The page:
Addressing HIV and Gender Inequities through a Food Security and Nutrition Response in Eastern and Central Africa

Case Studies
Food Security, Nutrition, Health
Food and Agriculture Organization of the United Nations (FAO) through partners
Resource Publication Date:
October, 2013
Content Format:

This is one of 50 Harvesting Nutrition project case studies. Harvesting Nutrition was a contest held in 2012 and 2013 that showcased active projects working to improve the impact of agriculture and/or food security on nutrition outcomes. Co-sponsors were SecureNutrition, Save the Children UK, and the Global Alliance for Improved Nutrition (GAIN). Learn More.

Project Description:

Outcome:  Effective Regional integrated food security and nutrition response to HIV, conflict, and gender inequity.

  1. Output 1: Improved livelihoods and enhanced opportunities for income generating activities among at least 81,000 vulnerable household members affected by HIV, gender inequity and food insecurity in the region.
  2. Implementation of season-long learning-training activities with 144 Farmer Field and Life Schools (FFLS) and 48 Junior/Farmer Field and Life Schools (JFFLS) groups.
  3. Integration of HIV, gender, nutrition and conflict management related topics in existing country FFS / group activities. 
  4. Output 2: Effective coordination and lessons learning in regional Food Security HIV and Gender related activities and initiatives.
  5. Regional exchange visits between the project teams of the participating countries.
  6. Collection, documentation and publishing of regional best practices and lessons learnt (including nutrition).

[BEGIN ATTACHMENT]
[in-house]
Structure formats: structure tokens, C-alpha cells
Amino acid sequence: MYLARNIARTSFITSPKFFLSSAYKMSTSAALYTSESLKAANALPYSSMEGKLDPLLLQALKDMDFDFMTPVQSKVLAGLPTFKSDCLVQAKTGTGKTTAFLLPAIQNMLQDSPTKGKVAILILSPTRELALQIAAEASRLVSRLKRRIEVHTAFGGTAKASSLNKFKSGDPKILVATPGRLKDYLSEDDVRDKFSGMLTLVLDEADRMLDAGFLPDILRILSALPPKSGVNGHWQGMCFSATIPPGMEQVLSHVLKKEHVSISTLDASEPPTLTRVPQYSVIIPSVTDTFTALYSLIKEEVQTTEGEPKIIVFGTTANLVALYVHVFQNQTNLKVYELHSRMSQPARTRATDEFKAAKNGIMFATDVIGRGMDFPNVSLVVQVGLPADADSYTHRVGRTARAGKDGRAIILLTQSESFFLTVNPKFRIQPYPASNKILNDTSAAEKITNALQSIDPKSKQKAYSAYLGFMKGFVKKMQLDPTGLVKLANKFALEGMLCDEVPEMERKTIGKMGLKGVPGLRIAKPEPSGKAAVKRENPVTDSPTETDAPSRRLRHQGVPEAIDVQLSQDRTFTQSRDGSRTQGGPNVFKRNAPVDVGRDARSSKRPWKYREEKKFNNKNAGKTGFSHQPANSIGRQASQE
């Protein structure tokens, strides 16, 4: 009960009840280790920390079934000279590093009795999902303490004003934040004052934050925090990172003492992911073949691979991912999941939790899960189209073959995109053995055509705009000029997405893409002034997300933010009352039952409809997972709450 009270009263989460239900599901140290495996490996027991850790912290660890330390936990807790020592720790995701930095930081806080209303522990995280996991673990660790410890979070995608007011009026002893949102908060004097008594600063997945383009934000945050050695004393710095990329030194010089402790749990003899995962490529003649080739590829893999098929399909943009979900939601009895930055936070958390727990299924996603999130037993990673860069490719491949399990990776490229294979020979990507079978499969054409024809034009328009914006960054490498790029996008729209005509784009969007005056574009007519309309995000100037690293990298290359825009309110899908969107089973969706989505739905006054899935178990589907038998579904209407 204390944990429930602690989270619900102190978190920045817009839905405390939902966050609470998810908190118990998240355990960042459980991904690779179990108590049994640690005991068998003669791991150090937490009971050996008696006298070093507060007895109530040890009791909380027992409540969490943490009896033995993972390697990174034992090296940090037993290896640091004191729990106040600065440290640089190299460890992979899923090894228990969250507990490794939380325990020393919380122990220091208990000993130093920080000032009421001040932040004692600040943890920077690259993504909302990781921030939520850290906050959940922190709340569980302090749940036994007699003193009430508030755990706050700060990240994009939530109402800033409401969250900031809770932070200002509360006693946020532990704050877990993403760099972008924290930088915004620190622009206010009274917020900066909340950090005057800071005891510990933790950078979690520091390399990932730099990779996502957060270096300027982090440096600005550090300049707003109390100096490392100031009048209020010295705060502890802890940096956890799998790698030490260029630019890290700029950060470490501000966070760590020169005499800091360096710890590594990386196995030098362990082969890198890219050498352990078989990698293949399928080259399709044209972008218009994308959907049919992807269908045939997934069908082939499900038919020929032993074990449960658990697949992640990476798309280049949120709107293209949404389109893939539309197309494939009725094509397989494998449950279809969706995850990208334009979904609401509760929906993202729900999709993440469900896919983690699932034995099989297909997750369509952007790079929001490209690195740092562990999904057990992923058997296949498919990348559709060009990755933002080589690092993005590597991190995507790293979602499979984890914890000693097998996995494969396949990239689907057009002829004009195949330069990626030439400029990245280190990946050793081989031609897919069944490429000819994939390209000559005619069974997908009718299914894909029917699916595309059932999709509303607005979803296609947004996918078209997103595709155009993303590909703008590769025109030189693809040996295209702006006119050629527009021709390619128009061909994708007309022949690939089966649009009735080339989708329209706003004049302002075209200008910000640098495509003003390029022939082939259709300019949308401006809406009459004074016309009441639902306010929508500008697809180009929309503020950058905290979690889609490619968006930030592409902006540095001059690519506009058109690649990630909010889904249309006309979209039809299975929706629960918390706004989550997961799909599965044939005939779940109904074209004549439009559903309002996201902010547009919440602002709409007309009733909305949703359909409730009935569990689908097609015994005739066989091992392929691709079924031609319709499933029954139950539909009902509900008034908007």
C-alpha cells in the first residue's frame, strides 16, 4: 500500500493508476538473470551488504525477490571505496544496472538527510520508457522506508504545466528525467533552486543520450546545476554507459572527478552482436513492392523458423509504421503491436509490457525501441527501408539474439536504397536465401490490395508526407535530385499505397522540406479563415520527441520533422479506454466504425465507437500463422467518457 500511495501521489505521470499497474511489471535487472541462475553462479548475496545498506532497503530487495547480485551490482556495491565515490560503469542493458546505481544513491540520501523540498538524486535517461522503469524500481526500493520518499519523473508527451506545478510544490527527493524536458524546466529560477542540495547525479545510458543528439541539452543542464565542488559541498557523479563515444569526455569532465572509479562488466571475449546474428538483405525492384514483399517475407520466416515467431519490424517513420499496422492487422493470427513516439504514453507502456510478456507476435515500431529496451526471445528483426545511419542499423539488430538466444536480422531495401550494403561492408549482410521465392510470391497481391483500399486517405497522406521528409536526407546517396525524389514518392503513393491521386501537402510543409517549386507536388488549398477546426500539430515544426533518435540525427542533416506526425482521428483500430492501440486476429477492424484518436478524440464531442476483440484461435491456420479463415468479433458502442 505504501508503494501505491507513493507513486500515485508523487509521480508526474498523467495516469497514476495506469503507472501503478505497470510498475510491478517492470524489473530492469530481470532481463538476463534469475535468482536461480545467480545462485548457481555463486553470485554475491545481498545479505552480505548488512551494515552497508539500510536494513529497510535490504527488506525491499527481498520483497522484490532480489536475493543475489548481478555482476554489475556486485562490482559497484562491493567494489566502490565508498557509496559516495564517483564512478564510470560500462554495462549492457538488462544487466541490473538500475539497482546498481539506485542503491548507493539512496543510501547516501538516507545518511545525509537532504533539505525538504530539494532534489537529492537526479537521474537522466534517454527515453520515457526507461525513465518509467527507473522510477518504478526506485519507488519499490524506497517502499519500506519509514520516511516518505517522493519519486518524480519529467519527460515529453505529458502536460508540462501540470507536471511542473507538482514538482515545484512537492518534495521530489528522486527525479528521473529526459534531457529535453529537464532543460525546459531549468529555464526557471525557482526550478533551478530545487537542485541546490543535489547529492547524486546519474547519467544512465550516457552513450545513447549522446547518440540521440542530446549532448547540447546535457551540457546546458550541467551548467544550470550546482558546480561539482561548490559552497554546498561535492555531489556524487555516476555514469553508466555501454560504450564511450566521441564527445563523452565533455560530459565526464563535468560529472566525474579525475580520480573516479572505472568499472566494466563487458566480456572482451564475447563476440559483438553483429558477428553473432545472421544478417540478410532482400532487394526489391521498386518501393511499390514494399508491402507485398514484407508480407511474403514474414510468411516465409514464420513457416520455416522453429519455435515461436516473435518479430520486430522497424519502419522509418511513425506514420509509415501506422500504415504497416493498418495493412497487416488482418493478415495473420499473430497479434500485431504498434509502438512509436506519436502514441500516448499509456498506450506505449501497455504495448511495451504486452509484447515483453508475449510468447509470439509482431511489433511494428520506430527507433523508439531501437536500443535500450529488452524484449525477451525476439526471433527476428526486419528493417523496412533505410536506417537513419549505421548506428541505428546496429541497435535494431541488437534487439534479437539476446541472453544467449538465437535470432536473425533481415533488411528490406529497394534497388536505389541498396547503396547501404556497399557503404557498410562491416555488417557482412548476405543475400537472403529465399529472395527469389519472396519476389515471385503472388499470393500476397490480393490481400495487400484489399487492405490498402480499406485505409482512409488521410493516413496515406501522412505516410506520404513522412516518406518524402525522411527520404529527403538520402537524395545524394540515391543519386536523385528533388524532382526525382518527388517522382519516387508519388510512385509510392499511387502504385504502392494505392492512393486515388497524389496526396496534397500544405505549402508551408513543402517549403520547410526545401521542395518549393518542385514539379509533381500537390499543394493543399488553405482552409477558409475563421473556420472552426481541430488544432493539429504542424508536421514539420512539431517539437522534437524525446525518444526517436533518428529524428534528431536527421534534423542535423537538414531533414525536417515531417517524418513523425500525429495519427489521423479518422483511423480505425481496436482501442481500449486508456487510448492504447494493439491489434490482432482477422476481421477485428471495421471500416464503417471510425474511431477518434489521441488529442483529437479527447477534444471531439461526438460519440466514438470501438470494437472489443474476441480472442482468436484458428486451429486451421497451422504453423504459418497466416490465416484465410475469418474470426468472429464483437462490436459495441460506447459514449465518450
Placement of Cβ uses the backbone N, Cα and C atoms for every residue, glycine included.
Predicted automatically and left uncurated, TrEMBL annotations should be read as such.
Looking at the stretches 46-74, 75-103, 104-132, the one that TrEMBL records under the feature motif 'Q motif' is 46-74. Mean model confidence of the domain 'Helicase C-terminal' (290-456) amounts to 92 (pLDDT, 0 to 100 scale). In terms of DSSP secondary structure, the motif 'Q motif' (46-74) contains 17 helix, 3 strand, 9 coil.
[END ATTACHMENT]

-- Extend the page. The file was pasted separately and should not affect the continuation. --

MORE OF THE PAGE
7. Output 3: Francophone and Anglophone expertise developed to implement Junior/Farmer Field and Life Schools (JFFLS) for large scale roll out.
  8. Output 4: Regional capacity building, support and advocacy for HIV, Gender mainstreaming and development of food security and nutrition responses in FAO’s and partners’ field programmes (NGOs and Governments). 
  9. Trainings of FAO and partners country teams on HIV / gender and linkages to food security and nutrition leading to formulation of response action plans.
  10.  Distribution and support for uptake of related training materials and guideline tools in the area of gender / HIV / nutrition and risk management.

Impact of project:

  • Improvement in agricultural activities and diversifications of enterprises, leading to increased number of meals consumed (e.g. in Kenya).
  • In Uganda, there was increased access to food from markets due to Village Savings and Loans the FFS formed. Further, the beneficiaries reported that pregnant and breast feeding mothers, People Living with HIV/AIDS (PLWHA) were sensitized on how to prepare different soy products.  This intervention coupled with those of other partners in the area in the field of nutrition is reported to have improved the health of children with reduction in the number of cases of Kwashiorkor.
  • In Rwanda, there was improvement of nutrition practices due to better knowledge on conservation of foods, milk and beans consumption.
  • In DRC, the quantity of meals was reported to have also increased from 1 to 2 meals a day with inclusion of vegetables.  The food stock or funds saved by the households have been reported to be more available.
  • The project enabled farmers to have more income to use to cover other items (food, medication, hygiene, school equipment) and services (medical). It also contributed, along with the training on nutrition and cooking demonstrations, to a better and more diversified diet. For example, the intake of diverse vegetables (including indigenous), fruits and milk increased as participants were also able to purchase other food items with their incomes.

Why this project is a Good Practice example: